“Young women are telling us they want to work but they are getting shut out of the jobs market in their hundreds of thousands. Women can have a degree and be just as likely to be out of work and training as a man with no qualifications.


Having children, having poor mental health and a lack of suitable jobs seem to be having a bigger impact on women’s work than on men’s. While the Government focuses on reducing its unemployment figures, over a quarter of a million young women who are not included in the numbers are being forgotten.


The young women in our study faced multiple barriers but the overwhelming majority did not lack personal ambition or a willingness to change their circumstances in the future.


The report recommends support and mentoring to help ease young women’s transition back into the world of work, a commitment to invest in jobs and skills for women in the Government’s Industrial Strategy, due to be published soon, access to affordable childcare, and reducing the time taken to process welfare claims. Young Women’s Trust is also calling for a new ministerial champion to oversee progress.


Giving young women the support they need to find work will not only help them to become financially independent but will benefit businesses and the economy too.”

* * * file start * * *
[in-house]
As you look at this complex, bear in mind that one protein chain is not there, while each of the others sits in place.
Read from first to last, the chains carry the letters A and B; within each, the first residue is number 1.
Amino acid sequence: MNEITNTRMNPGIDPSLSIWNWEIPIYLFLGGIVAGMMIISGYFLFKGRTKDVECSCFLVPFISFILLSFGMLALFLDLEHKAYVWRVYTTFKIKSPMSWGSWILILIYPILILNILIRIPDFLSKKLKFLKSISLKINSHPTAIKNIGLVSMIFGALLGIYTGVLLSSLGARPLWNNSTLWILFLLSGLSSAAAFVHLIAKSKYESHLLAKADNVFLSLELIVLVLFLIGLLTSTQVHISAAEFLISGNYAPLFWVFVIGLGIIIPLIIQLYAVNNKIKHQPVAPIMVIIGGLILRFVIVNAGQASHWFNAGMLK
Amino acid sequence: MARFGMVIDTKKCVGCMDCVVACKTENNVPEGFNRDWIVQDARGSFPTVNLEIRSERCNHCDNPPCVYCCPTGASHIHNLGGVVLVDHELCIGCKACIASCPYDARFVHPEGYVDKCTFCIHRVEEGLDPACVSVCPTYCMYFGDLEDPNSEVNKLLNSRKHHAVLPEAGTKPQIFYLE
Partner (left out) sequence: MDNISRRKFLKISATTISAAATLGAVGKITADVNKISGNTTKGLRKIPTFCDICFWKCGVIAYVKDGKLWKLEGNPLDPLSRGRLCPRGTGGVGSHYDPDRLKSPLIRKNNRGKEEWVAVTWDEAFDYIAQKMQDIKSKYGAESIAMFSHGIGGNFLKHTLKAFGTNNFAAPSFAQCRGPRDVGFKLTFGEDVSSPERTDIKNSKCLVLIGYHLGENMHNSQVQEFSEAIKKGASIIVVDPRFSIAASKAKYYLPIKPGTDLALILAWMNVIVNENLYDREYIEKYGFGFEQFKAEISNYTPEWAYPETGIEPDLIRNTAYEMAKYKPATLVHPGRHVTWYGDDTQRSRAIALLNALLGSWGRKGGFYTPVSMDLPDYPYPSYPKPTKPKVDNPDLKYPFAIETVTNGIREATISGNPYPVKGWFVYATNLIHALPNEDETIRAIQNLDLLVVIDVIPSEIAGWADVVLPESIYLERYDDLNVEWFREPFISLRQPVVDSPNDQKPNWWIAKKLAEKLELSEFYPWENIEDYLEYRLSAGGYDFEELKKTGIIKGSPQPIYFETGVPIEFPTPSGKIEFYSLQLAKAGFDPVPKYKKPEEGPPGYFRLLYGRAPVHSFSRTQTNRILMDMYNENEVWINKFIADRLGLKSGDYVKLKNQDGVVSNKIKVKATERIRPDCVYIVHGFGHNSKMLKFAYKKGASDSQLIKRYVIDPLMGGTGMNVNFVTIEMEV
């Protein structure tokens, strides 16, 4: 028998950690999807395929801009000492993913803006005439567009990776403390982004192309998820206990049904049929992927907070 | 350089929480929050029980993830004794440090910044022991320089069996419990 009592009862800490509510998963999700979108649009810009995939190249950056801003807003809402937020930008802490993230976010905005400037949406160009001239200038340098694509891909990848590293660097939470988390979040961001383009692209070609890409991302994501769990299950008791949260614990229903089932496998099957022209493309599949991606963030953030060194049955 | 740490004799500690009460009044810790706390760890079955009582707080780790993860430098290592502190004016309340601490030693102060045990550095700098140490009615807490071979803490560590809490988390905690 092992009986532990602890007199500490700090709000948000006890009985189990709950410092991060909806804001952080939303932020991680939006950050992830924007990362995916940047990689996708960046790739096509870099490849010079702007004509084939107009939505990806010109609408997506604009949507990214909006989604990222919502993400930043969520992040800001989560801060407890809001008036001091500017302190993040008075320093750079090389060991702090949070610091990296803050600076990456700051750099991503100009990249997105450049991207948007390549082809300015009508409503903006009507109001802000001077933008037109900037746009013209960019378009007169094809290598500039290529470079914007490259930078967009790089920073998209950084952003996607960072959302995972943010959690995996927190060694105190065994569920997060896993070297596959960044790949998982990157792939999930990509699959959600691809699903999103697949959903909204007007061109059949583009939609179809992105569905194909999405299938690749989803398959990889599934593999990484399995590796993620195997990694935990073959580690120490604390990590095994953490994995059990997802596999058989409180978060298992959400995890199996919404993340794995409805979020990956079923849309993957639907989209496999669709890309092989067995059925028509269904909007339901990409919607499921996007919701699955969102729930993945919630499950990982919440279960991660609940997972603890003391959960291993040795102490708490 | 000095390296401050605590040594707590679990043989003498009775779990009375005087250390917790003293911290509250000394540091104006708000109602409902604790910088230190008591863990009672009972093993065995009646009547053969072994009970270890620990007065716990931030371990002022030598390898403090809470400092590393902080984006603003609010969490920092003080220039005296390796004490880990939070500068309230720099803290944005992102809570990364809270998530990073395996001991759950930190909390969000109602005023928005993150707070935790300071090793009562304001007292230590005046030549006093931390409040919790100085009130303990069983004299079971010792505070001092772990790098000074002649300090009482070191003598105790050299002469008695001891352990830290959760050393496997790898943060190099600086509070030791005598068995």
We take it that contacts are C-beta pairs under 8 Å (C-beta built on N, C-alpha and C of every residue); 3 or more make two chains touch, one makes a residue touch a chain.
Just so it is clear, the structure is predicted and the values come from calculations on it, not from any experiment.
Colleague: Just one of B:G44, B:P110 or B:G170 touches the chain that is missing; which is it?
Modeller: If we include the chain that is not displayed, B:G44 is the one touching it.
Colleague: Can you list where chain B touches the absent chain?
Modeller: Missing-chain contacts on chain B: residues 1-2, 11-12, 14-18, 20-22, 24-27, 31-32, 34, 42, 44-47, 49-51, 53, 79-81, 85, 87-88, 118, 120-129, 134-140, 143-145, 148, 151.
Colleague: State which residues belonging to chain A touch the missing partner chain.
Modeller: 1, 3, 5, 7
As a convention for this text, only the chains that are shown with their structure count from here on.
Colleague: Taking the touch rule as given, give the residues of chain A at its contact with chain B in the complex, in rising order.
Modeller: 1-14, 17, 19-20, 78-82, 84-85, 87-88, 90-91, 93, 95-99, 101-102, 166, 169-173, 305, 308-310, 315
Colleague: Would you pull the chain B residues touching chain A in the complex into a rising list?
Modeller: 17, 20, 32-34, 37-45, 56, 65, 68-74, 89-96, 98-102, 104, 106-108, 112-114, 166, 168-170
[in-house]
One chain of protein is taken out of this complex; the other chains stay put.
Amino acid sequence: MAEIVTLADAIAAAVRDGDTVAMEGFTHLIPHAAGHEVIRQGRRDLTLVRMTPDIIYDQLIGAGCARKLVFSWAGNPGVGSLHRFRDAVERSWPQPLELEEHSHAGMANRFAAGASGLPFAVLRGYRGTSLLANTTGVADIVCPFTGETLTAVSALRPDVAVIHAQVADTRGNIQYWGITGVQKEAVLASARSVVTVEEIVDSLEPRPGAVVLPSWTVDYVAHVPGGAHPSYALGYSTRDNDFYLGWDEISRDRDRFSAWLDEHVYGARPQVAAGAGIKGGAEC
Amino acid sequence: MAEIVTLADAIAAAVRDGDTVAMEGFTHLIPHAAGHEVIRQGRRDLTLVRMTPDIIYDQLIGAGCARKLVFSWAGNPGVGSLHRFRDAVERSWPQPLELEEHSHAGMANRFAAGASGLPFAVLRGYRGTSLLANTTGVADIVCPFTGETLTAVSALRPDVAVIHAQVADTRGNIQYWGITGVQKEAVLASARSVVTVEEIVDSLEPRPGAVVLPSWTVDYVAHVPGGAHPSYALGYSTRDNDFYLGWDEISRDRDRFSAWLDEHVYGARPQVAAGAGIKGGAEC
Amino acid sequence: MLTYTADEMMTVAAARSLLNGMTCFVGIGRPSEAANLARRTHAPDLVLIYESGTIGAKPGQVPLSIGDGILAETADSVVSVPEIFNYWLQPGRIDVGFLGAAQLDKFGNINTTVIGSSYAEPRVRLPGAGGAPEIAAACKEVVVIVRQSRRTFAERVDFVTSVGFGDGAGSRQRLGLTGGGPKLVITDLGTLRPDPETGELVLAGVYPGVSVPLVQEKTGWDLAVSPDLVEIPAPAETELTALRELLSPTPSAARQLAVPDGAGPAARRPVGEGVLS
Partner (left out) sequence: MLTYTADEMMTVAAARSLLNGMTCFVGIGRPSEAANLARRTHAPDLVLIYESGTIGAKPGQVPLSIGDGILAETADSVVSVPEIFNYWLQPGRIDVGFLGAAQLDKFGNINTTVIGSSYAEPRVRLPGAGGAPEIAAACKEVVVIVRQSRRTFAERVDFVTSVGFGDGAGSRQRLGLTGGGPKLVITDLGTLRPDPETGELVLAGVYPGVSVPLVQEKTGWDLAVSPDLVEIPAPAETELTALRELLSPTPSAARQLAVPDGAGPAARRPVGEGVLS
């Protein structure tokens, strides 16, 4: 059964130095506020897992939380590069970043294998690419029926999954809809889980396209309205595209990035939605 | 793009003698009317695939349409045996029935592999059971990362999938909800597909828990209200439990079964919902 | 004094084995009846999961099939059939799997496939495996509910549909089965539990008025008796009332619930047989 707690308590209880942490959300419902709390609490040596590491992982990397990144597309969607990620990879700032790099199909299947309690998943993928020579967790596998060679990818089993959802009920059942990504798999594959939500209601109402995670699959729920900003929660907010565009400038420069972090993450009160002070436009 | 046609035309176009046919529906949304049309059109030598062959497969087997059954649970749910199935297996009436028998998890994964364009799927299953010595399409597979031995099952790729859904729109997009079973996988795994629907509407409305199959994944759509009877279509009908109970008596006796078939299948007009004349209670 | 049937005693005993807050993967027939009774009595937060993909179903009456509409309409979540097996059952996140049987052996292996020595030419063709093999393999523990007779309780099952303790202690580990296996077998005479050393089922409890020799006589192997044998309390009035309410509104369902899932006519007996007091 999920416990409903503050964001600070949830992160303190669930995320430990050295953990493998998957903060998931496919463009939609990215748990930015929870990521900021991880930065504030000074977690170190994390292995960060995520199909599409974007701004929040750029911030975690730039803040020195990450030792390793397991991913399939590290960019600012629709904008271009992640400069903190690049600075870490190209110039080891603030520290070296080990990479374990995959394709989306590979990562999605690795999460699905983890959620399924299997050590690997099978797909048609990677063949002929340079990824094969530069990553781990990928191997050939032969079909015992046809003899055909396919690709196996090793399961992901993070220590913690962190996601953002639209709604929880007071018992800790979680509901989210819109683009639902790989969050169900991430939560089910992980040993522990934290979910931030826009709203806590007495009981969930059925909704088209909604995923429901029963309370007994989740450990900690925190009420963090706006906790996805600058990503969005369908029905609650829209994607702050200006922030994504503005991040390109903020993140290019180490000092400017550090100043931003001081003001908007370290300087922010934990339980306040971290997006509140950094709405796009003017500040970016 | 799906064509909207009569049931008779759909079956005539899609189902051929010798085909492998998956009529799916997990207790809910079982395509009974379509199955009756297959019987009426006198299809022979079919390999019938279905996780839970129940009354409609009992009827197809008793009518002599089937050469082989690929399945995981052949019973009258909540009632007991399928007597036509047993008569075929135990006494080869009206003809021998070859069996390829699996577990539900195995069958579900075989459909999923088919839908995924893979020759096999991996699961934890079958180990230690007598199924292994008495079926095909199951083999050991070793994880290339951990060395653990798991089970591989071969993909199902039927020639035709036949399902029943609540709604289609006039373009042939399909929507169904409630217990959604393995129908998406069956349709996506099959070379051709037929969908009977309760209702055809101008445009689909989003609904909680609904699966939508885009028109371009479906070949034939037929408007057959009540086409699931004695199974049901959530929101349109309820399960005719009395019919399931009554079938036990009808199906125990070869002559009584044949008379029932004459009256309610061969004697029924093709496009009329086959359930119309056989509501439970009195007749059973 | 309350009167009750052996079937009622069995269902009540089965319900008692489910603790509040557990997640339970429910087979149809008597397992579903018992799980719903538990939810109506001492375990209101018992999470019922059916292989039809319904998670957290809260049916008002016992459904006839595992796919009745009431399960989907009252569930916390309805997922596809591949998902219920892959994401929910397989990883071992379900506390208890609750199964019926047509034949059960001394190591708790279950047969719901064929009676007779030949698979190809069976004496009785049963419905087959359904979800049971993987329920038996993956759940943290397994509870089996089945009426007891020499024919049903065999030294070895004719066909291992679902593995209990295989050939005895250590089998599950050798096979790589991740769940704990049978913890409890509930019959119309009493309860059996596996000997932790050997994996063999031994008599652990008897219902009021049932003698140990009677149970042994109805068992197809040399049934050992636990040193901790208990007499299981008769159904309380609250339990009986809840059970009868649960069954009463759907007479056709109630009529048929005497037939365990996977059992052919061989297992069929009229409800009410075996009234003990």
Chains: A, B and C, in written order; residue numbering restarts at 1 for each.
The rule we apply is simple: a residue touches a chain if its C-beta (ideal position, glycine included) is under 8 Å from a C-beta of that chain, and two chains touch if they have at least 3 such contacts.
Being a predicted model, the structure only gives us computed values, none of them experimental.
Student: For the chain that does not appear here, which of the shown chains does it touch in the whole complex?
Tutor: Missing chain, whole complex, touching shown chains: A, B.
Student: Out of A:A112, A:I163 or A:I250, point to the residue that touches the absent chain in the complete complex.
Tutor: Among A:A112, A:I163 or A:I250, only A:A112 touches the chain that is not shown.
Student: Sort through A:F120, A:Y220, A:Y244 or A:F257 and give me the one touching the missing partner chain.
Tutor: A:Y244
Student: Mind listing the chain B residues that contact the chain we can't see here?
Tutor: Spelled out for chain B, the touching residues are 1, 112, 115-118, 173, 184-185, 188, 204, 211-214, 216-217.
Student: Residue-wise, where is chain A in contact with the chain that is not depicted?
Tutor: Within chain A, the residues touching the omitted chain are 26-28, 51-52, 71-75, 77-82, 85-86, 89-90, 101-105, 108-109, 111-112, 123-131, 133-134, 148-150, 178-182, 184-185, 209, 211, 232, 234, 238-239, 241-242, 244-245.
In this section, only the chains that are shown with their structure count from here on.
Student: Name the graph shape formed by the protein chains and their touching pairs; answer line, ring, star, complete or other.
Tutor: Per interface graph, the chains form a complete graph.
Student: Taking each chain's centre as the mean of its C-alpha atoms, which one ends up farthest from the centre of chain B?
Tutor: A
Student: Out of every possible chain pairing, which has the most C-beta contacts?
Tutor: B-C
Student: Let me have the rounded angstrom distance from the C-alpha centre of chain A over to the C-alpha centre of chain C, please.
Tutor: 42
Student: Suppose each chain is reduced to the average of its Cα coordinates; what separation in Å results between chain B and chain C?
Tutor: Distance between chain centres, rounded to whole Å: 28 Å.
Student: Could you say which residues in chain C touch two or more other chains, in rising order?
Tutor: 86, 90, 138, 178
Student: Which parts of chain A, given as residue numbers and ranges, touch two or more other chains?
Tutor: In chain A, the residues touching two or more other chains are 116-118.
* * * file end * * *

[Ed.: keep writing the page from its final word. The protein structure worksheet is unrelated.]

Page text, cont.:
Professor Sue Maguire, of the Institute for Policy Research at the University of Bath, who carried out the research with Young Women’s Trust, said:


“This in-depth research shines a light on the lives of young women who are defined as NEET (not in education, employment or training) and economically inactive. Through their own words and experiences it offers a damning critique of a system which appears to view them as a problem rather than recognising their resilience and abilities.


Despite most young women possessing decent qualifications and having future aspirations for obtaining jobs, too often they are locked into long-term economic and social disengagement because of their caring responsibilities and/or ill health. They lack the external support that meets their needs and are simply written off. Mental health issues loom large among this group, together with a lack of money and financial independence. Youth poverty is particularly prevalent among young mothers and those living alone.


Government must act to address the needs of this neglected group of young people – first and foremost by the creation of accessible, flexible and high-quality training and work opportunities in their localities, together with personalised support and mentorship provided by services which are targeted at meeting young people’s needs.”


Sarah*, a 19 year-old care-leaver and young mother who was interviewed for the report and has experienced poor mental health, said:


“It’s horrible, it’s horrible not being able to work, it’s horrible not having the chance and no one giving you the chance anymore, because of your past and stuff like that straight up. You try to go in college, you stop because of my past, try to go into work, I can’t because of my head and the fact of my past has stopped me. It’s just draining, watching all these people to be able to go out and get all this money, and then you’re sat here having to be on benefits, because you can’t. It’s physically draining.”